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Many airport security improvements would require more intrusion, oversight

As holiday travel ramps up, so does controversy over body scanners and pat-downs at the nation's airports.

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After the 2001 attacks, federal officials also pledged to create machines to automatically detect explosives, sense whether passengers are lying and scan materials for threats. The Department of Homeland Security and intelligence agencies have spent billions to develop information-sharing networks and other security systems, including spending more than $795 million for development of high-tech checkpoint screening equipment.

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But according to government reports, the mismanagement of research, concerns about privacy and cost, and opposition from industry and Congress have hindered the widespread deployment of the systems at airports in the United States and abroad.

Also, a plan to help focus the development of better screening technology and procedures -- including a risk-based assessment of aviation threats -- is almost two years overdue, according to a report this fall by the Government Accountability Office, the investigative arm of Congress.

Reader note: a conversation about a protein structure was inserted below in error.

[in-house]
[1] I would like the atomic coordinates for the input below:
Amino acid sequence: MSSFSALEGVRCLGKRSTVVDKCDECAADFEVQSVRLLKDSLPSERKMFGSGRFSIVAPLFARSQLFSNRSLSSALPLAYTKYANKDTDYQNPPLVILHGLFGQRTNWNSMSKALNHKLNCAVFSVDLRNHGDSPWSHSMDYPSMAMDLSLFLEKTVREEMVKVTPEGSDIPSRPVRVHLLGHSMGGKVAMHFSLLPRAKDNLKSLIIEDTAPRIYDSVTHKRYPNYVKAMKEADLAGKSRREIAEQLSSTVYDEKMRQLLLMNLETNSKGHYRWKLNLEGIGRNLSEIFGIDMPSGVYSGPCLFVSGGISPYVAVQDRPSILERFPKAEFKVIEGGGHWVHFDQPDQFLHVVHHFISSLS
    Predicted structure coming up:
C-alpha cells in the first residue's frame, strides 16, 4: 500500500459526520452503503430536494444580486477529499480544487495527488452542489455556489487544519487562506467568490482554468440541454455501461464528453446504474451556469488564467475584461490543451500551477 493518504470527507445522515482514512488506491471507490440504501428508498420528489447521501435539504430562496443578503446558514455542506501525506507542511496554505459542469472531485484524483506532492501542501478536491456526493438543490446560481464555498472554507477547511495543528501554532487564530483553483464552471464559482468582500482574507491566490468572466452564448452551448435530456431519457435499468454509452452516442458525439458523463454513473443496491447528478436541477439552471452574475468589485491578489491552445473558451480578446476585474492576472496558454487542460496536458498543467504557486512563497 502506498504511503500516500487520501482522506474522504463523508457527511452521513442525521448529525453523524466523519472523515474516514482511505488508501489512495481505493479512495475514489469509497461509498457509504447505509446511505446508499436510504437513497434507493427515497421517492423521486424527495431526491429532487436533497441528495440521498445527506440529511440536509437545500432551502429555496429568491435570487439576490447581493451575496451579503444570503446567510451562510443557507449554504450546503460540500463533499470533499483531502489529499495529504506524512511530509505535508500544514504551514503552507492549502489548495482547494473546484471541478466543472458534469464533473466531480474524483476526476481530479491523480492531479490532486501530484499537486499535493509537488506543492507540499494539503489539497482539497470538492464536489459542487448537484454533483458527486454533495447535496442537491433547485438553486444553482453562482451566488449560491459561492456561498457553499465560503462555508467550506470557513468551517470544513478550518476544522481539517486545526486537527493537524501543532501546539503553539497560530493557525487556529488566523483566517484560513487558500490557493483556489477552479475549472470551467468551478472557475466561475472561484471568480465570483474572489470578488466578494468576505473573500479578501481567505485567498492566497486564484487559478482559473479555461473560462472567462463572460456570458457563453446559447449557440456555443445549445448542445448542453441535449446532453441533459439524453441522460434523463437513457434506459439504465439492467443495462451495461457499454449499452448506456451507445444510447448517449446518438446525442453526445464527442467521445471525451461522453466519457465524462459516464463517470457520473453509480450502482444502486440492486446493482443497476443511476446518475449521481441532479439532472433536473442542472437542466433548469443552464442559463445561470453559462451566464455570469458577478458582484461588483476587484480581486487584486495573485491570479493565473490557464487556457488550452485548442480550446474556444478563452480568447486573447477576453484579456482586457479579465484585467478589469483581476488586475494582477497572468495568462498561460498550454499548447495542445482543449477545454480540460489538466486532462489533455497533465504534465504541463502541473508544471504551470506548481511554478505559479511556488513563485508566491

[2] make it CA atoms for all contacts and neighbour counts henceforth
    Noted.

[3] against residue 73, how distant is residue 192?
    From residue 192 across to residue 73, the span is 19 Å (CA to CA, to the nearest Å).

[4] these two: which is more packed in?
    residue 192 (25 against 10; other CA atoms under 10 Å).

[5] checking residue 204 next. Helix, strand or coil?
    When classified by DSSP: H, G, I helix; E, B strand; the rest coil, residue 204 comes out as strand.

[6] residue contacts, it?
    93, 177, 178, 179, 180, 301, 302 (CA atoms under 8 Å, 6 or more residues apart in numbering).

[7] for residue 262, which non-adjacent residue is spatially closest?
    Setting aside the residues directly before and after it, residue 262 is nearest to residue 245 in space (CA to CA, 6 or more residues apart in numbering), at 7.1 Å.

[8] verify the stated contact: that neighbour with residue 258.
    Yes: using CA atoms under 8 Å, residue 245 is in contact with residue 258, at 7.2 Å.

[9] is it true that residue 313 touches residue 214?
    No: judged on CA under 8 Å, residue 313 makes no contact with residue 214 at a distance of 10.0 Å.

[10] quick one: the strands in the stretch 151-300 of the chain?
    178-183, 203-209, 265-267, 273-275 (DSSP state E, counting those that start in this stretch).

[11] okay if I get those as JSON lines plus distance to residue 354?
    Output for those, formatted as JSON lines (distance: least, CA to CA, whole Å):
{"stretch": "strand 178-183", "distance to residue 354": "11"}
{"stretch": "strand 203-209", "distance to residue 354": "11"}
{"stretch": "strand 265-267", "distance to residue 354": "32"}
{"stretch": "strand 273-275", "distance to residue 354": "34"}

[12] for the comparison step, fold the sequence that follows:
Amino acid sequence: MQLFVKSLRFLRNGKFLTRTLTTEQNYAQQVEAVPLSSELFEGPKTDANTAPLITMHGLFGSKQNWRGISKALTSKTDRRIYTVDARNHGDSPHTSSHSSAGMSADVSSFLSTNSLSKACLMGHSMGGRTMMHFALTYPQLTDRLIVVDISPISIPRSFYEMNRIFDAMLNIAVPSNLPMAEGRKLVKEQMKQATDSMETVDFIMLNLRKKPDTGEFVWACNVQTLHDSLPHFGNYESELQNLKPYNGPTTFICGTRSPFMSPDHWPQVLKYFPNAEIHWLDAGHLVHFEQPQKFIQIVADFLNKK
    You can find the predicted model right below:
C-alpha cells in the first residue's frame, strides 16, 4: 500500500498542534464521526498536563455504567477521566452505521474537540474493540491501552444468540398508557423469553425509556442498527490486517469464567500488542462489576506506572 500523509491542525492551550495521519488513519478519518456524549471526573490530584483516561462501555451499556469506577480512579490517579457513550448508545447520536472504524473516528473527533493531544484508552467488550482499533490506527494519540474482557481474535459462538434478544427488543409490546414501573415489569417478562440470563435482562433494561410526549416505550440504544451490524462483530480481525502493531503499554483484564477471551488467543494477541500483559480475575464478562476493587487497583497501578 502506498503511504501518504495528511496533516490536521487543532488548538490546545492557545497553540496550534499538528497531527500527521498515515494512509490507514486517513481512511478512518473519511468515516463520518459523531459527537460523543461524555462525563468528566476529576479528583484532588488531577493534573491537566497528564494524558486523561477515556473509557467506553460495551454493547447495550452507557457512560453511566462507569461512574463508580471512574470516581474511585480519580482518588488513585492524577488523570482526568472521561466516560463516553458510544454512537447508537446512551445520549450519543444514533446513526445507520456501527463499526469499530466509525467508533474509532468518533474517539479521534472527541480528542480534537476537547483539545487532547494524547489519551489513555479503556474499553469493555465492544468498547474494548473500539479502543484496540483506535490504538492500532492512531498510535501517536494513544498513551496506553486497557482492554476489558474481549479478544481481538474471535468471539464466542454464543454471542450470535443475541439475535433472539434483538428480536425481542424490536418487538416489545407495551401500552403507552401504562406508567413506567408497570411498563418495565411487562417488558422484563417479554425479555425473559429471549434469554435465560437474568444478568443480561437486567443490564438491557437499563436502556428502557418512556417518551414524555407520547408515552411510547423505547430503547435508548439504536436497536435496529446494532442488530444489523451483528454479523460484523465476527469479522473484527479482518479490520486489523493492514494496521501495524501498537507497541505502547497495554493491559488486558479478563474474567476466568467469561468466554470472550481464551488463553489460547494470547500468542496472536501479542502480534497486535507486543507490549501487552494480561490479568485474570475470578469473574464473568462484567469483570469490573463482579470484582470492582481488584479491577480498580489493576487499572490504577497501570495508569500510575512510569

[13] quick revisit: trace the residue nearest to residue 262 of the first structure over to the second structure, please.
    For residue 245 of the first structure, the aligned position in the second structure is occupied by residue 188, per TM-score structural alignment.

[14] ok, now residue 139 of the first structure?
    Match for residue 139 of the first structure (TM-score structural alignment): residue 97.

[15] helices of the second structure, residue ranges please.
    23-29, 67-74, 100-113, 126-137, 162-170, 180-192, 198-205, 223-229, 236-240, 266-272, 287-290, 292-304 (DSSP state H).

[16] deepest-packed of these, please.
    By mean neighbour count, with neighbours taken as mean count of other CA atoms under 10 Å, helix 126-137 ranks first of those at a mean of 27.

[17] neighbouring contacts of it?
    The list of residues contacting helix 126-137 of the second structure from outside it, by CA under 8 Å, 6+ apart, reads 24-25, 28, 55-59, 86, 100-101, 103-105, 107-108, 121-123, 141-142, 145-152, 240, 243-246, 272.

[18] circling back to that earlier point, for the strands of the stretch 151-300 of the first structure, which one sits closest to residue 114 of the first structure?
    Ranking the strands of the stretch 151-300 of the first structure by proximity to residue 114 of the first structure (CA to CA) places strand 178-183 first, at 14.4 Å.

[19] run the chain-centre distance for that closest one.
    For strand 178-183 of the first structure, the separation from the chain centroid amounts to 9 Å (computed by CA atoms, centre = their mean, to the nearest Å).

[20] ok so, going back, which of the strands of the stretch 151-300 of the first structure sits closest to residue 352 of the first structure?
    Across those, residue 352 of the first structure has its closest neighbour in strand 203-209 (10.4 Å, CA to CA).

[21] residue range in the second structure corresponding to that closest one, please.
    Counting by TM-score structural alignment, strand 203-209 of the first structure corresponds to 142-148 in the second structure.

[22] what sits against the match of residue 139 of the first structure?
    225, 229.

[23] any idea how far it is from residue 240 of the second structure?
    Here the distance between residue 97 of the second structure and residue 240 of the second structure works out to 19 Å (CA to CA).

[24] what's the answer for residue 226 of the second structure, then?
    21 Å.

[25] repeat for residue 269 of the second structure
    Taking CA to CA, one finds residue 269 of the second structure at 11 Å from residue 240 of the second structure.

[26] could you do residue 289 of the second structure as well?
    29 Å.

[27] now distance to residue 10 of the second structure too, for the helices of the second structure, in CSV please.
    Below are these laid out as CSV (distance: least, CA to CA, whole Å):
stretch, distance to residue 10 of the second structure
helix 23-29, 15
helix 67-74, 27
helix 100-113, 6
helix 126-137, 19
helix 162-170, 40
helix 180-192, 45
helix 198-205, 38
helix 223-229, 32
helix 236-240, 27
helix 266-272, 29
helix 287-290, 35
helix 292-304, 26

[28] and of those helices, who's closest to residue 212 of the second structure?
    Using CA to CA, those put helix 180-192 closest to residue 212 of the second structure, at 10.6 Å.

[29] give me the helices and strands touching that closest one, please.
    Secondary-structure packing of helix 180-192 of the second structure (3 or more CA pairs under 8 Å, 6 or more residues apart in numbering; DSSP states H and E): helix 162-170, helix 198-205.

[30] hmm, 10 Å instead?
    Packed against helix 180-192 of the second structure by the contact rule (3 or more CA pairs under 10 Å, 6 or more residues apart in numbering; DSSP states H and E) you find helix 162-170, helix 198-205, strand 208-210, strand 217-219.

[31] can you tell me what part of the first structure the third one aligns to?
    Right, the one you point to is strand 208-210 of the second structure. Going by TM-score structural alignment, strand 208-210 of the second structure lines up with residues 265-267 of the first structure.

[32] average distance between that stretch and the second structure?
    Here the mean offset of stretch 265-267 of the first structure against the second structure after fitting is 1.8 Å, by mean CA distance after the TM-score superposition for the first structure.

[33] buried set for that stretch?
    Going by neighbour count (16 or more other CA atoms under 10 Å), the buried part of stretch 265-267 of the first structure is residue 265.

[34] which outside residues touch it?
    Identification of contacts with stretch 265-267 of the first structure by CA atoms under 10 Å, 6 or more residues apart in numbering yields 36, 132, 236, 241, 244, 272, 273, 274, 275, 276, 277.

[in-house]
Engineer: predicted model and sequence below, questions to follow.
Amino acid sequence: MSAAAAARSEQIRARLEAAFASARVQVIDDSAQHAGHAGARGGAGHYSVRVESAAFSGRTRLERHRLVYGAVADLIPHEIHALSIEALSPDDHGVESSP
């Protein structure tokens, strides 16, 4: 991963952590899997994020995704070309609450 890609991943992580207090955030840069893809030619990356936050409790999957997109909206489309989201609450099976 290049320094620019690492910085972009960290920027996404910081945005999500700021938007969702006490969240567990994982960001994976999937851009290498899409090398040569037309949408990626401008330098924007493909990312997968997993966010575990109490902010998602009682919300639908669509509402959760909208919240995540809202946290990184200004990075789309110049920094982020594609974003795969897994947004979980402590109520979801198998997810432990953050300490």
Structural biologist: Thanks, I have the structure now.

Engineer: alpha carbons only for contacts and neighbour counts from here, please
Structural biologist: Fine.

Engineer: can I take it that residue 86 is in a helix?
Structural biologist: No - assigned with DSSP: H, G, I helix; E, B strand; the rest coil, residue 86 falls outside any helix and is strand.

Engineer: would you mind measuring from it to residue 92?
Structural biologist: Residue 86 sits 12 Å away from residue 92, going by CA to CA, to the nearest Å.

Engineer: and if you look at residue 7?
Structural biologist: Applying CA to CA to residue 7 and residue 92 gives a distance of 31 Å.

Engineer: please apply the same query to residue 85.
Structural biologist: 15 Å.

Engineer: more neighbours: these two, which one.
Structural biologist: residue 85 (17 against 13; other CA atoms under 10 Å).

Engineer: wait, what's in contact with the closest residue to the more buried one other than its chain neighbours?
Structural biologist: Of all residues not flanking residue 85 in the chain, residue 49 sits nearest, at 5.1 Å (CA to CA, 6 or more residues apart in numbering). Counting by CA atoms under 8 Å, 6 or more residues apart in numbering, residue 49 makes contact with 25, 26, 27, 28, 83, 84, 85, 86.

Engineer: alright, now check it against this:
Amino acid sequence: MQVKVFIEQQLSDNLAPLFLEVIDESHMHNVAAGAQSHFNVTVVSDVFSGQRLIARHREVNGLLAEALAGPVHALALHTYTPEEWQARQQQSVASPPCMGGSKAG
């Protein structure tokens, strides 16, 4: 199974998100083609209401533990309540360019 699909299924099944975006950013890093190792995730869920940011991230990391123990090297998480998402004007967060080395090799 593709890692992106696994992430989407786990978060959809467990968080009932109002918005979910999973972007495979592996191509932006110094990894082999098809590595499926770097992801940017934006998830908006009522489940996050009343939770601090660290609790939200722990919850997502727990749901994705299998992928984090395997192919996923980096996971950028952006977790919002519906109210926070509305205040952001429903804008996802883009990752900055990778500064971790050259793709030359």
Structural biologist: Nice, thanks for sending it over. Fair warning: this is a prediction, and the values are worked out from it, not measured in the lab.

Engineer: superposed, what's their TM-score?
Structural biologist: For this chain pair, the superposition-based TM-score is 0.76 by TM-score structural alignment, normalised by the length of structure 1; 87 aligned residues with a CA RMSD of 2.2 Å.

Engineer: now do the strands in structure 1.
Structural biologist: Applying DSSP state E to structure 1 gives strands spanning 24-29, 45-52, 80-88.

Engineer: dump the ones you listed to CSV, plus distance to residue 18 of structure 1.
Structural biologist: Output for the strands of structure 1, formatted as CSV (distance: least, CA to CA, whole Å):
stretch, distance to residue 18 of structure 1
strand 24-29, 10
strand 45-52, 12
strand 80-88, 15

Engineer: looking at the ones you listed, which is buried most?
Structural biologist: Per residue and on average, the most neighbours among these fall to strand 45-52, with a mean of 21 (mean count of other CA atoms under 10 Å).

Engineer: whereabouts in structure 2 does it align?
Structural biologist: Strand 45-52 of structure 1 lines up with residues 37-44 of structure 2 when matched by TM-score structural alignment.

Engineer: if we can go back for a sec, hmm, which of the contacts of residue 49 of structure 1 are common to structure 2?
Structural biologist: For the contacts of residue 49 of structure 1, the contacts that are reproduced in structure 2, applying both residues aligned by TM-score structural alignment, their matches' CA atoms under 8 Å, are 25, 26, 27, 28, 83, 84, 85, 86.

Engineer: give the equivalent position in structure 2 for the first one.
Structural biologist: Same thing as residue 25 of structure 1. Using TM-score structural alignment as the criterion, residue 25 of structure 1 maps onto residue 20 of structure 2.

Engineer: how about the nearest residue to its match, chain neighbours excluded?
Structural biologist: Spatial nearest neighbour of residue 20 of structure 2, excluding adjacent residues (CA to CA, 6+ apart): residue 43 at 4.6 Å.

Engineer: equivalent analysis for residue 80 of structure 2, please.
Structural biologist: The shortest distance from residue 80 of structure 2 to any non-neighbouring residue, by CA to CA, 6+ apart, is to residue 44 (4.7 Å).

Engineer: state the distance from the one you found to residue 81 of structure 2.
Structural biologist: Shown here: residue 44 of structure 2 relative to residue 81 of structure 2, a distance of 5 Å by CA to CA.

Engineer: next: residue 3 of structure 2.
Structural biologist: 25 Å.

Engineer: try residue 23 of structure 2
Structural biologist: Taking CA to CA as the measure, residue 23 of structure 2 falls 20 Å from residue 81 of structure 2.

"TSA cannot ensure that it is targeting the highest priority security needs at checkpoints; measure the extent to which deployed technologies reduce the risk of terrorist attacks; or make needed adjustments to its [Passenger Screening Program] strategy," the GAO report said.

Checkpoint machines

At least 10 checkpoint-screening technology projects have been in development by Homeland Security's science and technology office, none of which has been widely deployed. Those projects include an "explosives trace portal" that uses puffs of air to dislodge bits of explosive materials to be analyzed by sensors.

The Bush administration rushed the machines into airports in 2006, even though "TSA officials were aware that tests conducted during 2004 and 2005 on earlier ETP models suggested they did not demonstrate reliable performance in an airport environment," the GAO found. The TSA halted the deployment later that year "due to performance problems and high installation costs." Much of the equipment was later sent to warehouses.

Another machine, called a "whole body imager," was designed to peer underneath passengers' clothing to find threatening objects or materials. But critics complained about the intrusiveness of the machines, which have not been deployed as widely as planned.


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